Advertisers Urge Supreme Court to Hear Tobacco Ad Case

Chances for appeal are good

The Supreme Court may be the next stop for advertisers fighting against the government's proposal to force tobacco companies to place graphic warning labels on cigarette packages. The Association of National Advertisers, along with the American Association of Advertising Agencies and the American Advertising Federation, filed a "friend of the court" brief today urging the highest court in the land to accept the appeal of a group of tobacco companies that have been duking it out with the government in the lower courts.

So far, through a number of court actions, tobacco companies and advertisers have managed to halt the implementation of the warning labels, which advertisers characterized as nothing less than mini-billboards because they took up more than half of the cigarette pack.

"The Tobacco Control Act contains the most burdensome marketing restrictions ever passed by Congress for a legal product. Today the issue is tobacco advertising, but there are nuerous other products for which this law could set very dangerous precedents," said Dan Jaffe, the ANA's executive vp of government relations.

Advertisers like their chances that the Supreme Court will decide to take what could be a landmark First Amendment case.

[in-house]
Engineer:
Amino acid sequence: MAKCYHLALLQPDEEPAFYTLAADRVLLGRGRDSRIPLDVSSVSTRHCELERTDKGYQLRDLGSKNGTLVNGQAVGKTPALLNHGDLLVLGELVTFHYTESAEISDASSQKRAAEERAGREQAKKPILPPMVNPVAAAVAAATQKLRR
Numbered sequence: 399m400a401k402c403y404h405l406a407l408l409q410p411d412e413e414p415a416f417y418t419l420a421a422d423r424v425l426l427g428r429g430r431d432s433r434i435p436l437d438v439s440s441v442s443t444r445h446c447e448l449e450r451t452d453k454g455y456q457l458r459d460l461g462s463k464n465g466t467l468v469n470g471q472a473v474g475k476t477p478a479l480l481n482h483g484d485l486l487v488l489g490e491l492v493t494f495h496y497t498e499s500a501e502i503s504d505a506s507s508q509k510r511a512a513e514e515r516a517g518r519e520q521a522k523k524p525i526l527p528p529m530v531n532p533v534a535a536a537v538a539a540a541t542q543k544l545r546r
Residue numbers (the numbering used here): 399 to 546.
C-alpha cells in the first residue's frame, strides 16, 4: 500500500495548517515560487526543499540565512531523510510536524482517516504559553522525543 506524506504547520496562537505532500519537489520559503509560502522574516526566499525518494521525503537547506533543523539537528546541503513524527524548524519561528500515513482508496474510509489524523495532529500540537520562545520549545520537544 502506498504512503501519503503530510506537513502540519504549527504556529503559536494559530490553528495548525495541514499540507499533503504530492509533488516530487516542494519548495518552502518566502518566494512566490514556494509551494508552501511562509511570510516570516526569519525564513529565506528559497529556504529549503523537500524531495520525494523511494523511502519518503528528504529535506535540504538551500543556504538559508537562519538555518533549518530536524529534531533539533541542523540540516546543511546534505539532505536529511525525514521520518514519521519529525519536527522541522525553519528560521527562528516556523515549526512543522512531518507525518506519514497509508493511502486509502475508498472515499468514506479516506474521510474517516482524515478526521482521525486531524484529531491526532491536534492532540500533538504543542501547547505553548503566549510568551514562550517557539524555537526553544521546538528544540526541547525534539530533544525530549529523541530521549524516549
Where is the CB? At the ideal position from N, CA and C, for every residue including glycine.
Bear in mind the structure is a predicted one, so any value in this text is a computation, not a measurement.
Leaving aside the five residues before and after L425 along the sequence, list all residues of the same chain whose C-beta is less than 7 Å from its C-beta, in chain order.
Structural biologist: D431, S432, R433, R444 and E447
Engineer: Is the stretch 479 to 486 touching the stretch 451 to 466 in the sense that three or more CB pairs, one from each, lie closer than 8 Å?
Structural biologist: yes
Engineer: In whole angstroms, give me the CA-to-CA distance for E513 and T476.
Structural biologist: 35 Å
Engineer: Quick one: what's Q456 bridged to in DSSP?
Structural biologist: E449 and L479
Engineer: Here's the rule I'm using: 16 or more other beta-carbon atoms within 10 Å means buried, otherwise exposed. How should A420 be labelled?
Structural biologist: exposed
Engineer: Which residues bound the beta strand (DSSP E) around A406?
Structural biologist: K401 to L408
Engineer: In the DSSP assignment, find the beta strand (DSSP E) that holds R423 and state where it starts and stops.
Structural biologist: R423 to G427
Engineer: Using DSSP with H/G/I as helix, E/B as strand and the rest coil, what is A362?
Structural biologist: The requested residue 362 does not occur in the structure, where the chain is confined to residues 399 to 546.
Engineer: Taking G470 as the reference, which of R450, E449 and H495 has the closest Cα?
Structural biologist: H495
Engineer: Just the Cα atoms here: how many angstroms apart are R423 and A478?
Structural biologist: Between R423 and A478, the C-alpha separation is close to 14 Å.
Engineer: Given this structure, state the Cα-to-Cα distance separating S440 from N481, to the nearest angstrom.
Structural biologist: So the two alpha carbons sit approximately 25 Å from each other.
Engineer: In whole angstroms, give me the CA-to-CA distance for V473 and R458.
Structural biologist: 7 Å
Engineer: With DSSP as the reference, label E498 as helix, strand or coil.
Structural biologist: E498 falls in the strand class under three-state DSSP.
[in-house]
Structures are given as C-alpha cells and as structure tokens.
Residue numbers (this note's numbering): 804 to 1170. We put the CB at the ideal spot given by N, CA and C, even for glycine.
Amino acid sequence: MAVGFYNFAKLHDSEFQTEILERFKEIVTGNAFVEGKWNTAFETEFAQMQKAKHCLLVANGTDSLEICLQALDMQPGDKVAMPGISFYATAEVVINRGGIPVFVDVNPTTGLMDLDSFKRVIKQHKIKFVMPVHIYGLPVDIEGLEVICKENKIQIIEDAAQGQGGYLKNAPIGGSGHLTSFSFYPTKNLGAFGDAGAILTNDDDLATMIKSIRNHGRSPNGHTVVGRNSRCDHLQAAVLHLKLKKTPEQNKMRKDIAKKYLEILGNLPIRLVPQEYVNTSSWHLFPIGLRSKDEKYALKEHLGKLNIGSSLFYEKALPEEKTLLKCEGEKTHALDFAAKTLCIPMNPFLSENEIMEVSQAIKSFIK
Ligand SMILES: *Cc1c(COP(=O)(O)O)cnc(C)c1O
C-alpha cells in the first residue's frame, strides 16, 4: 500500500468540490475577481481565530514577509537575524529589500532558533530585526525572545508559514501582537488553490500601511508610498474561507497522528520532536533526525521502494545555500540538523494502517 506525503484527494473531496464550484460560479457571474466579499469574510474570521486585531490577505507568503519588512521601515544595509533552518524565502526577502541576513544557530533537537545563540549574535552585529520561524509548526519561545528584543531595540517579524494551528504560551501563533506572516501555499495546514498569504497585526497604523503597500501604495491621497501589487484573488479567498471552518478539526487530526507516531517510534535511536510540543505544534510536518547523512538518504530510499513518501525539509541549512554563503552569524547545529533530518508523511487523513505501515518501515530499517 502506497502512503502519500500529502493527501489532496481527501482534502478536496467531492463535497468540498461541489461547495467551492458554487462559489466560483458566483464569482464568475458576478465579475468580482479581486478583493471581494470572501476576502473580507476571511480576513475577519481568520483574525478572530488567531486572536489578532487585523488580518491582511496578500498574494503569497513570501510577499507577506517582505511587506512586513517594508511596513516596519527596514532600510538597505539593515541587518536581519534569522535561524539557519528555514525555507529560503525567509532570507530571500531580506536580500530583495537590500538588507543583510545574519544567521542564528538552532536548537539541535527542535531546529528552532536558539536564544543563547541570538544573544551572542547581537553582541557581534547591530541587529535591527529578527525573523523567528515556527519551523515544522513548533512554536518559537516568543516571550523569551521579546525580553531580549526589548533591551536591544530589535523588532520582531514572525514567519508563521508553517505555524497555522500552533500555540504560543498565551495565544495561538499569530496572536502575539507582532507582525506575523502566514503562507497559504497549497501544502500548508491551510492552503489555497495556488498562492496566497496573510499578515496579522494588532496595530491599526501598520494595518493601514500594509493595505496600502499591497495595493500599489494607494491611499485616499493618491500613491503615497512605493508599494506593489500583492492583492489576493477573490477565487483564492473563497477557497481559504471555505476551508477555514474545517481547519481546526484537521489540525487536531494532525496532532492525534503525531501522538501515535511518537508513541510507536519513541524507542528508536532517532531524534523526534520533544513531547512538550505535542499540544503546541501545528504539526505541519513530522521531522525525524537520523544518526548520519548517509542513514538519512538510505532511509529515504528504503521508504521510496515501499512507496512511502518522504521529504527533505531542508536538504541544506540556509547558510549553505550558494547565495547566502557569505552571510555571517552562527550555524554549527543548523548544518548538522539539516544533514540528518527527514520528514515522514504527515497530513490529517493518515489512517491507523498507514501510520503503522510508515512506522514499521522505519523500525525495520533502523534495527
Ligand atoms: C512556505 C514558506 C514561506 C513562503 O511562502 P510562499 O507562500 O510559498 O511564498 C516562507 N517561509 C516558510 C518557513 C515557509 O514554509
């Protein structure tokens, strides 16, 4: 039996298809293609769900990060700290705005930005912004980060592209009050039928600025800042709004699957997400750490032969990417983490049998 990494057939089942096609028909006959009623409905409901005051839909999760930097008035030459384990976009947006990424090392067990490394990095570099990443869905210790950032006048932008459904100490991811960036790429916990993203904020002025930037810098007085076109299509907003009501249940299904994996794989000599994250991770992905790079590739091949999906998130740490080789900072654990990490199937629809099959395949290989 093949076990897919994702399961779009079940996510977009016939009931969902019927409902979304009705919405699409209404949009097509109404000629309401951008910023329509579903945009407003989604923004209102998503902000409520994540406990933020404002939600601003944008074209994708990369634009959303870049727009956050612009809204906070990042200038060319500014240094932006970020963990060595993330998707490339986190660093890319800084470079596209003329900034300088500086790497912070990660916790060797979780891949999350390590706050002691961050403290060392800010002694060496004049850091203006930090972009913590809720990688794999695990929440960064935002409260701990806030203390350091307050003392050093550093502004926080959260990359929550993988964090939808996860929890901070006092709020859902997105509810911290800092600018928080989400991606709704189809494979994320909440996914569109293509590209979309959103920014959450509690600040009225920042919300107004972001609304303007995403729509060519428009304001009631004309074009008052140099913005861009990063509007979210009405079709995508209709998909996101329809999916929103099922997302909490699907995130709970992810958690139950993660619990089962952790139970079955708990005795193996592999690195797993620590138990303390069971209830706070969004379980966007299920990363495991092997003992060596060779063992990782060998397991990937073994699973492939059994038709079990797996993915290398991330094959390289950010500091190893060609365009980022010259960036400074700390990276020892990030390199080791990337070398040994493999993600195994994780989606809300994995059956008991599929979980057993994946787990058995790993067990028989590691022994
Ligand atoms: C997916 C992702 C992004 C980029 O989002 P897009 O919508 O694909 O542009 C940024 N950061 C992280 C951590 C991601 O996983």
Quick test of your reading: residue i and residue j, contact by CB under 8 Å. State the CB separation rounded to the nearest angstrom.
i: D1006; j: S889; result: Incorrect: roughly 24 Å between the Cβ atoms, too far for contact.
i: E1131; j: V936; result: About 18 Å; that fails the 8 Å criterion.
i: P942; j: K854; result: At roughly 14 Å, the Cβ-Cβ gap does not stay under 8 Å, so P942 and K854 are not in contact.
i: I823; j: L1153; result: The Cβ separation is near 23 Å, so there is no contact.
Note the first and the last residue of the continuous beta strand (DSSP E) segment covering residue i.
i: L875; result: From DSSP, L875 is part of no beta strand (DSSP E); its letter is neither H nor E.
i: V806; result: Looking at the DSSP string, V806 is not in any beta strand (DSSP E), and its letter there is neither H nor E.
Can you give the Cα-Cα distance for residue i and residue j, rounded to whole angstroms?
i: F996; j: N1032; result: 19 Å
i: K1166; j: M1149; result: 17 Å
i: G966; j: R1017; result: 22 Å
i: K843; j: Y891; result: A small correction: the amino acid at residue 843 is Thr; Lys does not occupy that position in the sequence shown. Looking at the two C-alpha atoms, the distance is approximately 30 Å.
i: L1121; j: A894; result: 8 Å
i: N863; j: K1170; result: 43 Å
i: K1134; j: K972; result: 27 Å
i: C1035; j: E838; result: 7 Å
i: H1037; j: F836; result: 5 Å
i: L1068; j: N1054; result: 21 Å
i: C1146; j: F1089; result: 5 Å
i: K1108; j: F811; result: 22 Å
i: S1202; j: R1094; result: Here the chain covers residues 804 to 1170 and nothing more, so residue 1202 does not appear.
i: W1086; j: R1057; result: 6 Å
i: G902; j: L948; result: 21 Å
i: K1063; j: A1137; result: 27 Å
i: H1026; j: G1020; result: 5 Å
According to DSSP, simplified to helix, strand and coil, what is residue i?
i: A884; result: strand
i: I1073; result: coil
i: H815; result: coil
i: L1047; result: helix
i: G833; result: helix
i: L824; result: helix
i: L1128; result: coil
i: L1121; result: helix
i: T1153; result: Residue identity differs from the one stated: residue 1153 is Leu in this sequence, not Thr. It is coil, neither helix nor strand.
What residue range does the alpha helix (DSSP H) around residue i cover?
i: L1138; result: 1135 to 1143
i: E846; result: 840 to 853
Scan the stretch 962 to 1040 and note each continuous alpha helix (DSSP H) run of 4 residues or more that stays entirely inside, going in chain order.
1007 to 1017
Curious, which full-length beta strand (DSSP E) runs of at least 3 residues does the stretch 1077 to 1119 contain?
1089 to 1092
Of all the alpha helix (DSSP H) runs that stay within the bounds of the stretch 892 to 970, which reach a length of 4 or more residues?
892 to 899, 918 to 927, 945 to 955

"Any time a court strikes down a provision of federal law, there is a better than even chance the court will hear the case," said First Amendment attorney Bob Corn Revere, a partner with Davis Wright Tremaine who wrote the brief.

Two lower courts have ruled on different aspects of the Family Smoking Prevention and Tobacco Control Act of 2009, putting the cases at constitutional odds. In August, the U.S. Court of Appeals in Washington upheld a lower court ruling that the warning labels ran afoul of the First Amendment. But in March, a federal appeals court in Cincinnati ruled the statutory law was constitutional. Tobacco companies have filed with the Supreme Court asking that the decision be reversed.

The earliest the Supreme Court could decide to hear the case would be first quarter next year, with briefings and oral arguments following next fall.